Hospitality executives, be honest with yourself: do heavy administrative workloads leave you less time for strategizing? Do slow processes lead to delays in work activities? Are you or your teams still using manual tools that affect productivity and increase the probability of making mistakes?
If you answered “yes” to any of these, then it’s time to start making changes now. That’s because productivity (or lack thereof) is directly correlated to employee labor, and labor is generally the greatest cost for hotels. A 2013 report, for example, found that labor represented roughly 30% of total hotel revenue (newer reports earmark this number at close to 50%). At the same time, reports from the Bureau of Labor show increases in restaurant and hotel labor costs (in 2016, costs rose over 5%) as well as hourly compensation for hospitality employees (which rose 3.6% in 2016).
If there ever was a time for hospitality organizations to pursue productivity, it’s now. Executives today are challenged to do more with less amidst a rapidly growing industry. So, where should they start? Here are five statistics to help hoteliers improve productivity, operations and revenue:
1. 60% of IT departments say they need more than 15 minutes just to identify who should respond to an incident (source)
Overall, 60% of managers think IT support is time-consuming and 48% find it frustrating. Improvements must be made in this area. If your site suddenly goes down, for example, your IT team needs to be able to quickly, intelligently and autonomously find a solution to recover the guest experience and soften the financial blow. Consider Amazon, which lost $66,240 per second when it experienced a site outage in 2013 (surely, the average hotel differs from this digital giant but you get the point).
2. Less than 10% of HR teams have automated applications for employee onboarding (source)
In general, only 15% of organizations have automated systems (even with IT support). On average, managers say they need to coordinate across four departments to bring a new employee onboard.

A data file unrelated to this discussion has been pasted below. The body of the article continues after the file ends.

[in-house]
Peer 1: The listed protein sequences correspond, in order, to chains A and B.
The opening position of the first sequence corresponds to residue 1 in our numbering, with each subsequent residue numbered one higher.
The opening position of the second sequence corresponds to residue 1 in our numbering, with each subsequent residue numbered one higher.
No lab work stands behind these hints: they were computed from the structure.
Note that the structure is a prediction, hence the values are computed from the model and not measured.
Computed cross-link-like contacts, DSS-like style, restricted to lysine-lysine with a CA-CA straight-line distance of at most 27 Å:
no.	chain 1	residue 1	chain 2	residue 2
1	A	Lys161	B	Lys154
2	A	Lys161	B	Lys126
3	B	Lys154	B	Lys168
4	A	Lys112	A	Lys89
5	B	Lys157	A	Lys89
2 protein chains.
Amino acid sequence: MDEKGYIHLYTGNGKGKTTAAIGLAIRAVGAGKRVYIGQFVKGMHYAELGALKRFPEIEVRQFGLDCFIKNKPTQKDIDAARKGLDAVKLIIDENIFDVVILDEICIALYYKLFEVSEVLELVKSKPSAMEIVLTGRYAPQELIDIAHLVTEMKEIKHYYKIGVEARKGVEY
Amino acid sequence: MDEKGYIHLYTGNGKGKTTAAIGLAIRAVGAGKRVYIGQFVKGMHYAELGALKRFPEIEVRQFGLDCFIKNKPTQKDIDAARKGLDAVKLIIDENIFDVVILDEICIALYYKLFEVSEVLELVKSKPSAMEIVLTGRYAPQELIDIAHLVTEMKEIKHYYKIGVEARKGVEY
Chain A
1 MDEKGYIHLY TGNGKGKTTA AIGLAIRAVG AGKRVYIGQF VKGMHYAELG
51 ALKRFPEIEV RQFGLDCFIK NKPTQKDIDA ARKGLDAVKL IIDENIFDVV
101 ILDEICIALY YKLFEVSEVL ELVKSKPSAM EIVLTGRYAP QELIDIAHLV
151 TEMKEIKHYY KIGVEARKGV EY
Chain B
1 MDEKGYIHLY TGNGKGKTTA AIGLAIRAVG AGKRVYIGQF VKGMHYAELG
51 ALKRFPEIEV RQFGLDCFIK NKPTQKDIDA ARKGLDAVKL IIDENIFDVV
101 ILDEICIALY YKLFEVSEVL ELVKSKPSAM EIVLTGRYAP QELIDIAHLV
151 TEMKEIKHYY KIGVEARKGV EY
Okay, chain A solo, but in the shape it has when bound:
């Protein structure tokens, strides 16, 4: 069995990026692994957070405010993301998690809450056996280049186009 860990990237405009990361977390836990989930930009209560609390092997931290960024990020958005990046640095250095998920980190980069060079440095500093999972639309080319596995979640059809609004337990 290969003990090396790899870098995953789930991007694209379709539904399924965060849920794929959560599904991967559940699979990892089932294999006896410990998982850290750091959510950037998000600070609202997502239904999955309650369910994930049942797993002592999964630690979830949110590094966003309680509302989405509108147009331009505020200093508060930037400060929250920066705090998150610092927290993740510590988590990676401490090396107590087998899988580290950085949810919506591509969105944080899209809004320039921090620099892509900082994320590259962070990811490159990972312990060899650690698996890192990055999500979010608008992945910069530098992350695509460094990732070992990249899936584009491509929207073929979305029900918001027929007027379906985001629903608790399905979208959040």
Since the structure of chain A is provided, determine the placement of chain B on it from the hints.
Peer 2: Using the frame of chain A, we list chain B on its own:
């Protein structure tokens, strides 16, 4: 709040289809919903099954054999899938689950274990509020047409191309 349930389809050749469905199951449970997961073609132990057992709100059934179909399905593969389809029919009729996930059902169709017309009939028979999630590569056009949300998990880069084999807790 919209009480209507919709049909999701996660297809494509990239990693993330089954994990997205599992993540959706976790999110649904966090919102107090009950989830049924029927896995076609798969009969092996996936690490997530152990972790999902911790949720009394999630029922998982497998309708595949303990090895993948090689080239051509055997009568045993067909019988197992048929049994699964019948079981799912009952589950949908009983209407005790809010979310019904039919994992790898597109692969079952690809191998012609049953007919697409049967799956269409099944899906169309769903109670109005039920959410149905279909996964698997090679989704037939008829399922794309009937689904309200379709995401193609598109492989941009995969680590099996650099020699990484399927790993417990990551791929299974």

3. Managers spend two days a week on administrative tasks (source)
Almost half of these managers agree that this administrative work leaves them less time for strategic activities (including revenue growth). In fact, poor administrative task management has been shown to cost businesses upwards of $600 billion per year in lost opportunities. These kinds of tasks can be easily automated to provide an efficient yet consistent approach to managing business enterprise-wide.
4. 9 in 10 managers agree that their productivity depends on how efficiently other departments perform (source)
Executive productivity cannot be determined by the efficiency of other departments. In hospitality, this means executives deploying applications that allow them to manage and track services across different departments—HR, IT, billing, sales—to simplify and streamline processes. If departments use different applications to collaborate, management should work to seamlessly integrate them to enable open communication and collaboration (90% of companies believe the presence of multiple collaboration apps in the workplace makes employees more productive).
5. More than 8 in 10 companies use manual tools (i.e. spreadsheets, emails) for managing work (source)
What’s interesting is that most of these managers see no productivity benefits from these tools at all. In fact, 56% believe these tools actually decrease productivity at their company. Three-fourths are also concerned about errors due to the manual updating of spreadsheets (side note: can you imagine the time it takes to cut and paste spreadsheets and email data into reports?) The solution here would be the use of automated workflow tools that quickly yet securely collect information from multiple data sources. Over 85% of managers believe this kind of automation would make them more productive.
It’s imperative that hotels work to improve productivity and, subsequently, revenue. Overall, research has found that doing so so can more than double revenue for companies compared to those with less productive employees. It doesn’t get much better than that.
Check out this blog for more on optimizing hotel operations and improving employee engagement.